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Spatial and temporal use of spawning aggregation sites by the tropical sciaenid Protonibea diacanthus

Citation

Semmens, JM and Buxton, CD and Forbes, E and Phelan, MJ, Spatial and temporal use of spawning aggregation sites by the tropical sciaenid Protonibea diacanthus, Marine Ecology Progress Series, 403, (March) pp. 193-203. ISSN 0171-8630 (2010) [Refereed Article]


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Copyright Statement

Copyright 2010 Inter-Research

Official URL: http://www.int-res.com/abstracts/meps/v403/p193-20...

DOI: doi:10.3354/meps08469

Abstract

Fish spawning aggregations (FSA) are generally spatially and temporally predictable, making them particularly vulnerable to fishing, which is capable of rapidly removing a significant proportion of the aggregated adults and reducing egg production. These effects may cause the loss of the aggregation altogether. In the Northern Territory (NT), Australia, repeated fishing of known aggregations of the tropical sciaenid species, the blackspotted croaker Protonibea diacanthus, is probably unsustainable, particularly given this species decline elsewhere. Acoustic monitoring was used to examine the temporal and spatial movement patterns and site fidelity of P. diacanthus in the NT. Fish were only detected at their respective aggregations, providing no evidence of large-scale movements between FSA. There was evidence for behavioural polymorphism in the aggregations, and fish monitored for _>1 yr showed decreased presence during cooler months and increased presence during warmer months when peak spawning occurs. The tidal cycle significantly influenced the detection of tagged fish, with detections peaking on running tides, the peak period for catching P. diacanthus, suggesting that this is when they feed. This study has provided important information on the connectivity and dynamics of P. diacanthus aggregations in the NT, including crucial information for implementing appropriate management strategies for this vulnerable species. There appears to be little interchange of adult P. diacanthus at the spatial scale examined, which suggests that the separate FSA examined support separate adult populations. The presence of seemingly separate spawning populations of P. diacanthus has significant implications for their management, with the potential for each aggregation to be vulnerable to localised depletion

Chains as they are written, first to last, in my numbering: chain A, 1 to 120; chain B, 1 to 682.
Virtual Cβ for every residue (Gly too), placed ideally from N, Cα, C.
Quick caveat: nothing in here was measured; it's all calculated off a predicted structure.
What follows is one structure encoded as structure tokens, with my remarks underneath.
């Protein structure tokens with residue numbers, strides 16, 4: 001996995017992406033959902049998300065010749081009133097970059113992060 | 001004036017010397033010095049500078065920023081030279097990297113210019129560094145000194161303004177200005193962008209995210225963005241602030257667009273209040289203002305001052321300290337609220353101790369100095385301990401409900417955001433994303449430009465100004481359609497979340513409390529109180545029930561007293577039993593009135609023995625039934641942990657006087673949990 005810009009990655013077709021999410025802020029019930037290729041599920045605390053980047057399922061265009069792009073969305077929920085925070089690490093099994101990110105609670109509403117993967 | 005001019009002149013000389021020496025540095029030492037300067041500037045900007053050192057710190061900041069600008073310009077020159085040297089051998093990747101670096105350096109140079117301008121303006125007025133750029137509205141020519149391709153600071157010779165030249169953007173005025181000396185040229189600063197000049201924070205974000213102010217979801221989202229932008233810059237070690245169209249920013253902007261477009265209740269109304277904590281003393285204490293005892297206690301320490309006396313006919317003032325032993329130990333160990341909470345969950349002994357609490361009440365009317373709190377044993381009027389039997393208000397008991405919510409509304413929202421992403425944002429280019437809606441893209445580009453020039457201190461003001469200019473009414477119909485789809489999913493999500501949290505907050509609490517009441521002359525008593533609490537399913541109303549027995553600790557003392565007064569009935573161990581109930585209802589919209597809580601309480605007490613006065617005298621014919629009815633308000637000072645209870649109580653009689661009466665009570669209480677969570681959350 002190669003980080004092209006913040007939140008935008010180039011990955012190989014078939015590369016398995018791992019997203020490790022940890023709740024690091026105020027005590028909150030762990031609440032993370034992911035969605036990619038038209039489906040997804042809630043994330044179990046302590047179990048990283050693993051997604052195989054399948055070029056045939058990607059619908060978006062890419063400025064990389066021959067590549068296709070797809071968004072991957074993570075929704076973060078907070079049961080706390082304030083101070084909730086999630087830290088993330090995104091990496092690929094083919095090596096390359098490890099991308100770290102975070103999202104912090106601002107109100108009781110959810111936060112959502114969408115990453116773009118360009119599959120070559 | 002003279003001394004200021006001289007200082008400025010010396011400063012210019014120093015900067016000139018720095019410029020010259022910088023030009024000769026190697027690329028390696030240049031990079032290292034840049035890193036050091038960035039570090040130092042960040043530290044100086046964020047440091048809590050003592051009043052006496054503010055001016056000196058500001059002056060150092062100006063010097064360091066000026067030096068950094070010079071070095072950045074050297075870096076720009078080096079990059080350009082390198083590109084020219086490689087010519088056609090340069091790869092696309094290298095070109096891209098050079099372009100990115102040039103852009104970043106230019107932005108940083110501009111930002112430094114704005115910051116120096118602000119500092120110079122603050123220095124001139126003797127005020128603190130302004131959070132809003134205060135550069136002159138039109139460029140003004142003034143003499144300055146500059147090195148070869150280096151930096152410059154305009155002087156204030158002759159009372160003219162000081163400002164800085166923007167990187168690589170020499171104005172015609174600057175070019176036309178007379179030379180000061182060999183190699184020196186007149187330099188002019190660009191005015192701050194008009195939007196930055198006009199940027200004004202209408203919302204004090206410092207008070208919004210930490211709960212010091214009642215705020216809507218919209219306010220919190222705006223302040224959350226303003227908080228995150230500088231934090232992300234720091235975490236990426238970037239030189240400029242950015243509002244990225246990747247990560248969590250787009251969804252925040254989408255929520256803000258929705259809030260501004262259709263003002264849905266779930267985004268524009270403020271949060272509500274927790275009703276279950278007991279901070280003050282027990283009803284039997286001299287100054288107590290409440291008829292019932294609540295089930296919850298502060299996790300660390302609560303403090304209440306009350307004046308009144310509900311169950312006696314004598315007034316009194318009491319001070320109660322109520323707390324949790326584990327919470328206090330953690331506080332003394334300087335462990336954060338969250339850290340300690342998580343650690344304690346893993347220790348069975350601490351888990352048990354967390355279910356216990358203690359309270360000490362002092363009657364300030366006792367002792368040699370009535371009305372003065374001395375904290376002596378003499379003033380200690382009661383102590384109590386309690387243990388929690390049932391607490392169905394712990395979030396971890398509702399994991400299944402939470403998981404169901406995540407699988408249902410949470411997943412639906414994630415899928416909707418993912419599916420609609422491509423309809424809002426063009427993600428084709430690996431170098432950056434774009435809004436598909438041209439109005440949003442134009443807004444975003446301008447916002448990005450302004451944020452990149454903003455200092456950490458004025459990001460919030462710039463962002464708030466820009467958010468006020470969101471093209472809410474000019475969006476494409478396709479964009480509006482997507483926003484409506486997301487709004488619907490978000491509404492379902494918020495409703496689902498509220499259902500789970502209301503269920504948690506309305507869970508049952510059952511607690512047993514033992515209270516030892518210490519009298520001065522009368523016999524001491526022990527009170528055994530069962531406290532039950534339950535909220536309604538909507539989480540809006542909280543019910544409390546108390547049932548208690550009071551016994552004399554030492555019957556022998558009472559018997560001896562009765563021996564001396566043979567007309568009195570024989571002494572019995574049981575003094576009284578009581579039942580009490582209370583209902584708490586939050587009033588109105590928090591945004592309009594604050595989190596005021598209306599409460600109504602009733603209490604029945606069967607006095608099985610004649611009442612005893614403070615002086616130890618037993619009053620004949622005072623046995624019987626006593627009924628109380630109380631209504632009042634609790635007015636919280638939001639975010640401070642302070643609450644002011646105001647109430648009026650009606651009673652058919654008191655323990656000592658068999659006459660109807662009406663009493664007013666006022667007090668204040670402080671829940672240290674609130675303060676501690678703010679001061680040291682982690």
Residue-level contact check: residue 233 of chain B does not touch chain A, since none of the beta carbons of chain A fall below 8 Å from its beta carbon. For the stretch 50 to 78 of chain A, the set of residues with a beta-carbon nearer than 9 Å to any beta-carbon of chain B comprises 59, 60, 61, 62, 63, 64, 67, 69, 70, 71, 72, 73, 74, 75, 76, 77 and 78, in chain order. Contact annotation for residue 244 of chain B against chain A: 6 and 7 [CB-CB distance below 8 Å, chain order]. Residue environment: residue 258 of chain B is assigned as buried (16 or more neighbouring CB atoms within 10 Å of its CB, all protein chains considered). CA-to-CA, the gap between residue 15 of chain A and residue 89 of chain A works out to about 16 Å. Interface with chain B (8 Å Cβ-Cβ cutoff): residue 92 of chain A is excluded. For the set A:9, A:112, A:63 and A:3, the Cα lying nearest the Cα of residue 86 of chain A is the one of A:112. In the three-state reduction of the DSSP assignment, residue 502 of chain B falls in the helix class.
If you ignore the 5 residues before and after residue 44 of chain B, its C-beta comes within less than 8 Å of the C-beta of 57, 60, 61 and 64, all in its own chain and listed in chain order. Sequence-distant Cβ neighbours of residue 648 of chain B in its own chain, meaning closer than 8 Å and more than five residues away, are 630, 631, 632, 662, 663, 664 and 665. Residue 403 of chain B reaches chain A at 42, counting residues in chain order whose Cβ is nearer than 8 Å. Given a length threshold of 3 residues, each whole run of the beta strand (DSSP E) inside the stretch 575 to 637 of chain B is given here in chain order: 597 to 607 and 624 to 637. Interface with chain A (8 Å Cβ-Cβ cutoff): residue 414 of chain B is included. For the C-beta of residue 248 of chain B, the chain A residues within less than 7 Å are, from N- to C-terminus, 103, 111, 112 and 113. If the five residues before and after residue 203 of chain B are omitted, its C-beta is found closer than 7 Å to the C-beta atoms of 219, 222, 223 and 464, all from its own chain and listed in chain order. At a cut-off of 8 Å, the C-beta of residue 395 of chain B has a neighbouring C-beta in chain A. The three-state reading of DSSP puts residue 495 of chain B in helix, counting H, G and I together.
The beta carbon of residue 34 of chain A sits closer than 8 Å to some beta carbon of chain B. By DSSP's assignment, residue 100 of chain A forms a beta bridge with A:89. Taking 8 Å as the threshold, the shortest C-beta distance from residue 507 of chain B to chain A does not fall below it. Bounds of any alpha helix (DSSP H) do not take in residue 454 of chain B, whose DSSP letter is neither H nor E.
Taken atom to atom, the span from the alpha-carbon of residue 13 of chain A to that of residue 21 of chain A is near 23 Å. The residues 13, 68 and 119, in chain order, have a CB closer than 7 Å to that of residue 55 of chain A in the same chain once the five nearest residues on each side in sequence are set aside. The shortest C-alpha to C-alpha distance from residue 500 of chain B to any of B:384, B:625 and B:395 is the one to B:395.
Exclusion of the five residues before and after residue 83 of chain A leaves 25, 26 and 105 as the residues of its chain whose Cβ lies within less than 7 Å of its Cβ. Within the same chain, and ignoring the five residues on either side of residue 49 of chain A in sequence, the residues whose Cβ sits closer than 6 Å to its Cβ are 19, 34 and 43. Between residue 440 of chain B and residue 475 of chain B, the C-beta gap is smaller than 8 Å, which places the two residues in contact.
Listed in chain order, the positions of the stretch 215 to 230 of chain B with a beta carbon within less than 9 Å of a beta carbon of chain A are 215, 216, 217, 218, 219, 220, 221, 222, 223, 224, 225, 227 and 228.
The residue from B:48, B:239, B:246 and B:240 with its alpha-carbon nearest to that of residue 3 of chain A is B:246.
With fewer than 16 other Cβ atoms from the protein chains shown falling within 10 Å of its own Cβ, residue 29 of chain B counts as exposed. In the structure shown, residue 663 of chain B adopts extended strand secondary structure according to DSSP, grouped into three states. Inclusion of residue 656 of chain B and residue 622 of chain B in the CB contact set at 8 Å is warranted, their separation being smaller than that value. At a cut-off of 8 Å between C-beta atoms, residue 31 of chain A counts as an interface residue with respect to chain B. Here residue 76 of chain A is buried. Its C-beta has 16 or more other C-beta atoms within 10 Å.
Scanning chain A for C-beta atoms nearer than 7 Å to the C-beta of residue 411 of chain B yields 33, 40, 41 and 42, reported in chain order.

Item Details

Item Type:Refereed Article
Keywords:Spawning aggregatio Site fidelity Acoustic monitoring Sciaenidae Fisheries management Movement Tidal cycle
Research Division:Agricultural and Veterinary Sciences
Research Group:Fisheries Sciences
Research Field:Fisheries Management
Objective Division:Animal Production and Animal Primary Products
Objective Group:Fisheries - Wild Caught
Objective Field:Fisheries - Recreational
Author:Semmens, JM (Associate Professor Jayson Semmens)
Author:Buxton, CD (Professor Colin Buxton)
Author:Forbes, E (Mr Edward Forbes)
ID Code:62977
Year Published:2010
Web of Science® Times Cited:17
Deposited By:TAFI - Marine Research Laboratory
Deposited On:2010-03-31
Last Modified:2012-03-05
Downloads:176 View Download Statistics

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